Land: what is land? Chattels & fixtures
For a definition of chattels, see CG76550 onwards.
Chattels which have been brought onto land may become fixtures. This will normally occur when either the chattels are intended to remain permanently on the land or are attached to the land (or a building on it) in a permanent way.
For example, a pile of bricks placed on a field are chattels, whereas the same bricks built into a house will become a fixture.
Where a chattel has become a fixture, it should not be treated as a separate asset unless it is physically detached from the land and sold independently. Where this is the case, it is the point at which the fixture becomes detached from the land that it becomes a chattel again. Not, if different, the date on which it is sold.
The purpose of annexation is also key, so for example a dry stone wall is designed as a permanant feature of the land so will be a fixture even though the stones merely rest on the land.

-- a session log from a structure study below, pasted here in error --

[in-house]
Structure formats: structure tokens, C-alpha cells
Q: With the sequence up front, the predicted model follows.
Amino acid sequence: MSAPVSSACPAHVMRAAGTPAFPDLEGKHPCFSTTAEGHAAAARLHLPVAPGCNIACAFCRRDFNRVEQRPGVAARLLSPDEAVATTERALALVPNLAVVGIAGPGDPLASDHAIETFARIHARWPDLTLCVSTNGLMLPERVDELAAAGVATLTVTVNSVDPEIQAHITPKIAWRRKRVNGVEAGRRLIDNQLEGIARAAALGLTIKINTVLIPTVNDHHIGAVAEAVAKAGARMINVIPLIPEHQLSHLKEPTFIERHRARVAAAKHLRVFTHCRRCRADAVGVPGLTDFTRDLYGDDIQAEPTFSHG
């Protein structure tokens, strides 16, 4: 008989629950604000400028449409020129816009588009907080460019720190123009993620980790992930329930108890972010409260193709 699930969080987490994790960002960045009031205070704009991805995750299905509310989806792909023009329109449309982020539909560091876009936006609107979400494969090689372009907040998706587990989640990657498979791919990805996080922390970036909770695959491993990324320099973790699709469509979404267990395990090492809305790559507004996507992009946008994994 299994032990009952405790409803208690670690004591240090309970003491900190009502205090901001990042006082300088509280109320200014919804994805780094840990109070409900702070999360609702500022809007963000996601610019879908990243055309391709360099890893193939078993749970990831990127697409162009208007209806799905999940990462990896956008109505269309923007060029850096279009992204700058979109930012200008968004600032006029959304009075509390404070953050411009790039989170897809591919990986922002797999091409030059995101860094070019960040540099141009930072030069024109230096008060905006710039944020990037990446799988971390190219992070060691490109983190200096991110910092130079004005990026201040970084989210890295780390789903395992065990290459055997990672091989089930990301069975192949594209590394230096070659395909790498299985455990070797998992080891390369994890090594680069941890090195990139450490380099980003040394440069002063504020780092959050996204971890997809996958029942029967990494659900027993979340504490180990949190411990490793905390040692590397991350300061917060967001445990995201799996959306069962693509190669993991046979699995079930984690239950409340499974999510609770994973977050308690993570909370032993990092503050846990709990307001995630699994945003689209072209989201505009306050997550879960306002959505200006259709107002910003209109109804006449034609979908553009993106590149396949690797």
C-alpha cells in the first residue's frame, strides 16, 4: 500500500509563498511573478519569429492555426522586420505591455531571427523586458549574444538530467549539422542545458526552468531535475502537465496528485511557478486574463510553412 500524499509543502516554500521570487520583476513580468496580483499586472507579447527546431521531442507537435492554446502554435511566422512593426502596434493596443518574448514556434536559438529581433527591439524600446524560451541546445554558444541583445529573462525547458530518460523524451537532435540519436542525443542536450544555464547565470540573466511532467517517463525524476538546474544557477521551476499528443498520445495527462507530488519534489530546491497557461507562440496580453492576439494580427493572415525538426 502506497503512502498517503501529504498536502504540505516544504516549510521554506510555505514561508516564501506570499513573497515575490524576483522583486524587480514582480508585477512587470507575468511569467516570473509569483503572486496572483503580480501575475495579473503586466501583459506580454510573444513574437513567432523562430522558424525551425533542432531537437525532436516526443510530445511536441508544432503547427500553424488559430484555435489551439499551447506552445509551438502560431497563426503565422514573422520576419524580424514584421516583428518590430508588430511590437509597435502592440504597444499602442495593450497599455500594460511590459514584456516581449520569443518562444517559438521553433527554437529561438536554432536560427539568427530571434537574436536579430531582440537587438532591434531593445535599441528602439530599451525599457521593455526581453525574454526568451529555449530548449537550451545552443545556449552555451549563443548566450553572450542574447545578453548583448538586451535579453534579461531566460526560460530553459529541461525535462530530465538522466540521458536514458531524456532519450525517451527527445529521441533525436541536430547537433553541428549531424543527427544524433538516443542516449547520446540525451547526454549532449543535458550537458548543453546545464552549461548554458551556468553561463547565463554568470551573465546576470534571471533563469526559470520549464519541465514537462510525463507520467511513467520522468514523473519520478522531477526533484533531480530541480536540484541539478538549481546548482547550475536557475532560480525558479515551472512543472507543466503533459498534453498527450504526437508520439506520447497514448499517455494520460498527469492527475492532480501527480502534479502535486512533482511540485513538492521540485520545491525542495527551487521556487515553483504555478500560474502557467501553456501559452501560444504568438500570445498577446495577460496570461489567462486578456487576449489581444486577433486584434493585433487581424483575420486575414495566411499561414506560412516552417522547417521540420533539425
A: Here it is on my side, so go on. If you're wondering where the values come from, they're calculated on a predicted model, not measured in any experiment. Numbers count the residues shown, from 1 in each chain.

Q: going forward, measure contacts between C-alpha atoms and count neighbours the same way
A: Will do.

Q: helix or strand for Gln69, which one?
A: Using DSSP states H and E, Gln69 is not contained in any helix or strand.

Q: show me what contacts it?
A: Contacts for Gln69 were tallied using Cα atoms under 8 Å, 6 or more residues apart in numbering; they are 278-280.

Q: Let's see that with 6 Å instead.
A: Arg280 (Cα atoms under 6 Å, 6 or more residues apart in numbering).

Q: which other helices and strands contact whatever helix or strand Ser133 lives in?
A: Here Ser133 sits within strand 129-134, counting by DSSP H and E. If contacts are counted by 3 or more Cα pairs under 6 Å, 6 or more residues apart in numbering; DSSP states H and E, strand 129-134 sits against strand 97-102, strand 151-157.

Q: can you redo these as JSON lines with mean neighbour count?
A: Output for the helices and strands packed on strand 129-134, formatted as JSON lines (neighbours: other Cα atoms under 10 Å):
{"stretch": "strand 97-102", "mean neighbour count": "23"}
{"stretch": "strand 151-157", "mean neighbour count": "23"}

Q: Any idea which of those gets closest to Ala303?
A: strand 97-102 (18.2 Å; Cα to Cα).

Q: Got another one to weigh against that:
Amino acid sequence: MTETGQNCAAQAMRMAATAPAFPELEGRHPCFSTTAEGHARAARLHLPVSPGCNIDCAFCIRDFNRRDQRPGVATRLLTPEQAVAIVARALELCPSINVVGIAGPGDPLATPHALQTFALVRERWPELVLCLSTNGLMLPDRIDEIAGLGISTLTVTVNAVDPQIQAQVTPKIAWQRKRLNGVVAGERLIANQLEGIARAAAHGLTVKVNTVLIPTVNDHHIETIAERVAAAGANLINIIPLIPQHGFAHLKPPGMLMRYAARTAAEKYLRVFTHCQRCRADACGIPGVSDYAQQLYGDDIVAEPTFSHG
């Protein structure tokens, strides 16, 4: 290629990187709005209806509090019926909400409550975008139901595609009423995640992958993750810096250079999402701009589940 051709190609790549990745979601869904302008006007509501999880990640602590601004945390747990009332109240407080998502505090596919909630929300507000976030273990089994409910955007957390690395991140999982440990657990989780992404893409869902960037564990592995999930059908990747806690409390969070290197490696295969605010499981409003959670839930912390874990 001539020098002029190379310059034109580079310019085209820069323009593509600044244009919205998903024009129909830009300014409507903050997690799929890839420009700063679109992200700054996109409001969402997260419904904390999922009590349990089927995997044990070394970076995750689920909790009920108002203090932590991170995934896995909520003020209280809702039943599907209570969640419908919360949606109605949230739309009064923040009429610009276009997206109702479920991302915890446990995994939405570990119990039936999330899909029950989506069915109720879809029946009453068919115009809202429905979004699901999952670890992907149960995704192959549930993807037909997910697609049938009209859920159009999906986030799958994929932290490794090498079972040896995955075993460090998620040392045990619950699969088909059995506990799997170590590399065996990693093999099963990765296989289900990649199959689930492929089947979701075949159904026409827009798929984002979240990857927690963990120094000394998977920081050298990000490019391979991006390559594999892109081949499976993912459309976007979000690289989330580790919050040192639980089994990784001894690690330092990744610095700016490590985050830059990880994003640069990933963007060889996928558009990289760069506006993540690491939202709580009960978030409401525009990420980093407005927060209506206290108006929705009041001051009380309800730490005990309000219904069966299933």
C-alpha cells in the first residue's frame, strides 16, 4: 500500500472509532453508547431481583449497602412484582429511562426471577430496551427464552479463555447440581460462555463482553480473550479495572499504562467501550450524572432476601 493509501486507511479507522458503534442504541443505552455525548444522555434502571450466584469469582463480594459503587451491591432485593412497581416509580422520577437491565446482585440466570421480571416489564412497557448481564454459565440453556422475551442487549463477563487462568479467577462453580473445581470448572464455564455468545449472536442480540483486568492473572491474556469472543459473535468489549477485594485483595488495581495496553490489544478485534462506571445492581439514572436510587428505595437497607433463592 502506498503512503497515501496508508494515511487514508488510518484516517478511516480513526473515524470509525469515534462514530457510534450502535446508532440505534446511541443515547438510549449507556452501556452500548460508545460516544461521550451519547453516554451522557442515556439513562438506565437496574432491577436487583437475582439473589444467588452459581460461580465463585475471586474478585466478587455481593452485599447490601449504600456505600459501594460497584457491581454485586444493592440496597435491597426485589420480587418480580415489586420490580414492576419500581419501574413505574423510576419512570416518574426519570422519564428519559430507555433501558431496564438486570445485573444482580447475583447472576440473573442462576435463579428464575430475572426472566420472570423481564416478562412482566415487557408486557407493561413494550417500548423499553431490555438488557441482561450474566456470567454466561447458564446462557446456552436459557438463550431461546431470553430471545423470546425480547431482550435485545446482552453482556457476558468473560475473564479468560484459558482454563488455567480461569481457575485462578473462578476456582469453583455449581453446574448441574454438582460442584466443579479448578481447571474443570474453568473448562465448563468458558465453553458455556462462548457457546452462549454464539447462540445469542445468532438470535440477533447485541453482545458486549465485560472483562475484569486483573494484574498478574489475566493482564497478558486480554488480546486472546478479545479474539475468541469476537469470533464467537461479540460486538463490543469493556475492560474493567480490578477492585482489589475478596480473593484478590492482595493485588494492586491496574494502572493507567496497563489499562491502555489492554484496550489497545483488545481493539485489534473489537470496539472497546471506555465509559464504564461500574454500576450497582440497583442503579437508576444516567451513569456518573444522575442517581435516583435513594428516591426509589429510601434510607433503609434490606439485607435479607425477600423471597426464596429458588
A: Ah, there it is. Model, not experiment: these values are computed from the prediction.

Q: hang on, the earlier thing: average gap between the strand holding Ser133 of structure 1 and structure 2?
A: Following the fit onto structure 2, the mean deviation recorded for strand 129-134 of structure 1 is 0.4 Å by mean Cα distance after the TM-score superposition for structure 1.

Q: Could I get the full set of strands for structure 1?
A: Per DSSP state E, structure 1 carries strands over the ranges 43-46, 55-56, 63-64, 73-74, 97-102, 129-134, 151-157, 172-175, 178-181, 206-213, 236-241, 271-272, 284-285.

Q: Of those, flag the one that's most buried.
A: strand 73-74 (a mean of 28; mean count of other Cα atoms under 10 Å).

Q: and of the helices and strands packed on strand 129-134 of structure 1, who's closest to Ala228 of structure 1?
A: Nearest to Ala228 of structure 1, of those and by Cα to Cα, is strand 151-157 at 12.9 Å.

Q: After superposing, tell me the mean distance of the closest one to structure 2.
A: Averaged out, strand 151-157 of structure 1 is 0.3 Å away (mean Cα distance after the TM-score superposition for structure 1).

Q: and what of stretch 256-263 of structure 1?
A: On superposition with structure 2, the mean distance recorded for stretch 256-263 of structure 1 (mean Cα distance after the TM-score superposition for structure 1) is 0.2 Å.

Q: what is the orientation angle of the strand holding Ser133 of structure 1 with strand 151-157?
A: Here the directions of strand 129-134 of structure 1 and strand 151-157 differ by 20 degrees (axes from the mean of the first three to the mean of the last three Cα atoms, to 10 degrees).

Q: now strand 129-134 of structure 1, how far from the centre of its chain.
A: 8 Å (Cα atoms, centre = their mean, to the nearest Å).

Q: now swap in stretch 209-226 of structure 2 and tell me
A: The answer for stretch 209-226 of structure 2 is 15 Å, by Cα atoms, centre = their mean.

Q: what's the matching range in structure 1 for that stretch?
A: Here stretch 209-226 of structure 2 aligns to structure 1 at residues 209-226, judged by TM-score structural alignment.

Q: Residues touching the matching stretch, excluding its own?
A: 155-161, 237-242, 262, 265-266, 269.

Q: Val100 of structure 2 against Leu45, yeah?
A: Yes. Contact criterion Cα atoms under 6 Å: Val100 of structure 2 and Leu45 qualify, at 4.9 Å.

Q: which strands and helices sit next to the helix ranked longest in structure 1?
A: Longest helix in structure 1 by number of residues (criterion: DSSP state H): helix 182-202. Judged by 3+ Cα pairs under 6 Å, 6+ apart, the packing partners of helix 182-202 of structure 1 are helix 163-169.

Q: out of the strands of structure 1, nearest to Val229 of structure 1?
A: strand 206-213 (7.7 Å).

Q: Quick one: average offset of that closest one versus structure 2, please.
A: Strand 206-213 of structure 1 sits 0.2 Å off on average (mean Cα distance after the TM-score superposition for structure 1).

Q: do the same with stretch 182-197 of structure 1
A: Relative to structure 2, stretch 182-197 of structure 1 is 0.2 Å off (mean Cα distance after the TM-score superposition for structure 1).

Land law cases, such as Elitestone Ltd v Morris (2 All E.R. 513), have considered whether items are chattels or fixtures and the position for CGT will generally follow this treatment.
Where fixtures have been attached to the land by a tenant, again they should not be treated as separate assets; they merge with the land. Certain tenants however are entitled by law to remove certain fixtures that they have attached to land at the end of their tenancy. However unless and until the tenant exercises his right of removal the fixtures continue to form part of the land and remain the property of the landlord.